Epigenomic Analysis of Multilineage Differentiation of Human Embryonic Stem Cells.

Ludwig Institute for Cancer Research, La Jolla, CA 92093, USA.
Cell (Impact Factor: 33.12). 05/2013; DOI: 10.1016/j.cell.2013.04.022
Source: PubMed

ABSTRACT Epigenetic mechanisms have been proposed to play crucial roles in mammalian development, but their precise functions are only partially understood. To investigate epigenetic regulation of embryonic development, we differentiated human embryonic stem cells into mesendoderm, neural progenitor cells, trophoblast-like cells, and mesenchymal stem cells and systematically characterized DNA methylation, chromatin modifications, and the transcriptome in each lineage. We found that promoters that are active in early developmental stages tend to be CG rich and mainly engage H3K27me3 upon silencing in nonexpressing lineages. By contrast, promoters for genes expressed preferentially at later stages are often CG poor and primarily employ DNA methylation upon repression. Interestingly, the early developmental regulatory genes are often located in large genomic domains that are generally devoid of DNA methylation in most lineages, which we termed DNA methylation valleys (DMVs). Our results suggest that distinct epigenetic mechanisms regulate early and late stages of ES cell differentiation.

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    ABSTRACT: Recent genome-wide analysis has shown that DNA methylation spans long stretches of chromosome regions consisting of clusters of contiguous CpG islands or gene families. Hypermethylation of various gene clusters has been reported in many types of cancer. In this study, we conducted methyl-binding domain capture (MBDCap) sequencing (MBD-seq) analysis on a breast cancer cohort consisting of 77 patients and 10 normal controls, as well as a panel of 38 breast cancer cell lines. Bioinformatics analysis determined seven gene clusters with a significant difference in overall survival (OS) and further revealed a distinct feature that the conservation of a large gene cluster (approximately 70 kb) metallothionein-1 (MT1) among 45 species is much lower than the average of all RefSeq genes. Furthermore, we found that DNA methylation is an important epigenetic regulator contributing to gene repression of MT1 gene cluster in both ERα positive (ERα+) and ERα negative (ERα-) breast tumors. In silico analysis revealed much lower gene expression of this cluster in The Cancer Genome Atlas (TCGA) cohort for ERα + tumors. To further investigate the role of estrogen, we conducted 17β-estradiol (E2) and demethylating agent 5-aza-2'-deoxycytidine (DAC) treatment in various breast cancer cell types. Cell proliferation and invasion assays suggested MT1F and MT1M may play an anti-oncogenic role in breast cancer. Our data suggests that DNA methylation in large contiguous gene clusters can be potential prognostic markers of breast cancer. Further investigation of these clusters revealed that estrogen mediates epigenetic repression of MT1 cluster in ERα + breast cancer cell lines. In all, our studies identify thousands of breast tumor hypermethylated regions for the first time, in particular, discovering seven large contiguous hypermethylated gene clusters.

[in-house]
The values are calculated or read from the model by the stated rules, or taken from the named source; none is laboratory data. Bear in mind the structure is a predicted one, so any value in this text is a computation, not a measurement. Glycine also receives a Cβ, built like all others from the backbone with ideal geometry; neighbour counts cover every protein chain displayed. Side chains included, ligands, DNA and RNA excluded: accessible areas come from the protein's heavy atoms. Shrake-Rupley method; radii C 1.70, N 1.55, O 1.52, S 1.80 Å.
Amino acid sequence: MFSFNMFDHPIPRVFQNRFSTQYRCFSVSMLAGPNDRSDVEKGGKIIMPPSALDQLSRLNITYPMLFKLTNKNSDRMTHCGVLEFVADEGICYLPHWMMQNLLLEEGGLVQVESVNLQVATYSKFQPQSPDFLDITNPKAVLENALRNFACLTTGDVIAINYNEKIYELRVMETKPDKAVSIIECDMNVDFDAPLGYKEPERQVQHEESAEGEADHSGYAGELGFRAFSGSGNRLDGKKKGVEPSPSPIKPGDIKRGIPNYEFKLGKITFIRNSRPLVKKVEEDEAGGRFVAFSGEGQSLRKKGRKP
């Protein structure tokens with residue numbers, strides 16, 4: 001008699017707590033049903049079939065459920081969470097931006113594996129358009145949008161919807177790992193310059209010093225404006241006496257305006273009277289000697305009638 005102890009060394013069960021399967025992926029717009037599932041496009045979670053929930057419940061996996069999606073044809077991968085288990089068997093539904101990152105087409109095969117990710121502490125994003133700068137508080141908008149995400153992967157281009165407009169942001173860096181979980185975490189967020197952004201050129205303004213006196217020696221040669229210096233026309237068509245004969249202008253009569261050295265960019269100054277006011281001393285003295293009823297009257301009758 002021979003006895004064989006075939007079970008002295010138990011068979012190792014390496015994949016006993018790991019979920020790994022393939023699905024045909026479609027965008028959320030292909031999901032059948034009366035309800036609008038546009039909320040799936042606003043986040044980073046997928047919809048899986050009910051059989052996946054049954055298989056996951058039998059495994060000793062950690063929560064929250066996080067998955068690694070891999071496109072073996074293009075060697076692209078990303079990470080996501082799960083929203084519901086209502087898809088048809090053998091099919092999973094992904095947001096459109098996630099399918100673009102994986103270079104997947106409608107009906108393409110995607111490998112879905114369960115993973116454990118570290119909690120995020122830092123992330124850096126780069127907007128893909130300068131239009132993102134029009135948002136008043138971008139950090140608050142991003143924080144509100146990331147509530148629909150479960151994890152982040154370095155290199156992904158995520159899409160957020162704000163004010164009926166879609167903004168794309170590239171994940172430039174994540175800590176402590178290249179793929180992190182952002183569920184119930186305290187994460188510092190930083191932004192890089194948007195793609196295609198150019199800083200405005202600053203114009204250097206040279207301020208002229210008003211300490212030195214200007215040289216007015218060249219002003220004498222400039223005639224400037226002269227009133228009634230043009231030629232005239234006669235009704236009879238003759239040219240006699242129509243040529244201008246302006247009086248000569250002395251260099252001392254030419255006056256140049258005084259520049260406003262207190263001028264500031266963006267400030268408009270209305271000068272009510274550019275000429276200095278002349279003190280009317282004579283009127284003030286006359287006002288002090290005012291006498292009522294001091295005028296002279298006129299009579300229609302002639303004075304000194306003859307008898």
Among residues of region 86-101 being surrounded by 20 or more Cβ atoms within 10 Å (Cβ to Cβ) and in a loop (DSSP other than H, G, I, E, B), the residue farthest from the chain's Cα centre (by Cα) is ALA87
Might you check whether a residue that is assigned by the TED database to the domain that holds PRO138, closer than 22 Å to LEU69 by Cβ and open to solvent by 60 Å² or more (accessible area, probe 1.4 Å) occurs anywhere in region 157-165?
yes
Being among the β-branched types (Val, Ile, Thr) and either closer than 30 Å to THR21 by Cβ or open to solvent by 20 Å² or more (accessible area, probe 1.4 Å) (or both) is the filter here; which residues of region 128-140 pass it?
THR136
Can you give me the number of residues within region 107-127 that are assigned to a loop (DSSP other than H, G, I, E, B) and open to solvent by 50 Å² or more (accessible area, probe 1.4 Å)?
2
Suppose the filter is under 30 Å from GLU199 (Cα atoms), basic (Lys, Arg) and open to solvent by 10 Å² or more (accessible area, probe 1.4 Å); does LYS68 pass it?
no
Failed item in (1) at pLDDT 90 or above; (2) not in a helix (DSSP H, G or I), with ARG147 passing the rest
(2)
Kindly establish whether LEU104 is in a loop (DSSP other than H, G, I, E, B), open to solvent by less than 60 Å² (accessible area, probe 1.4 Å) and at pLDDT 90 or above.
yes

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May 27, 2014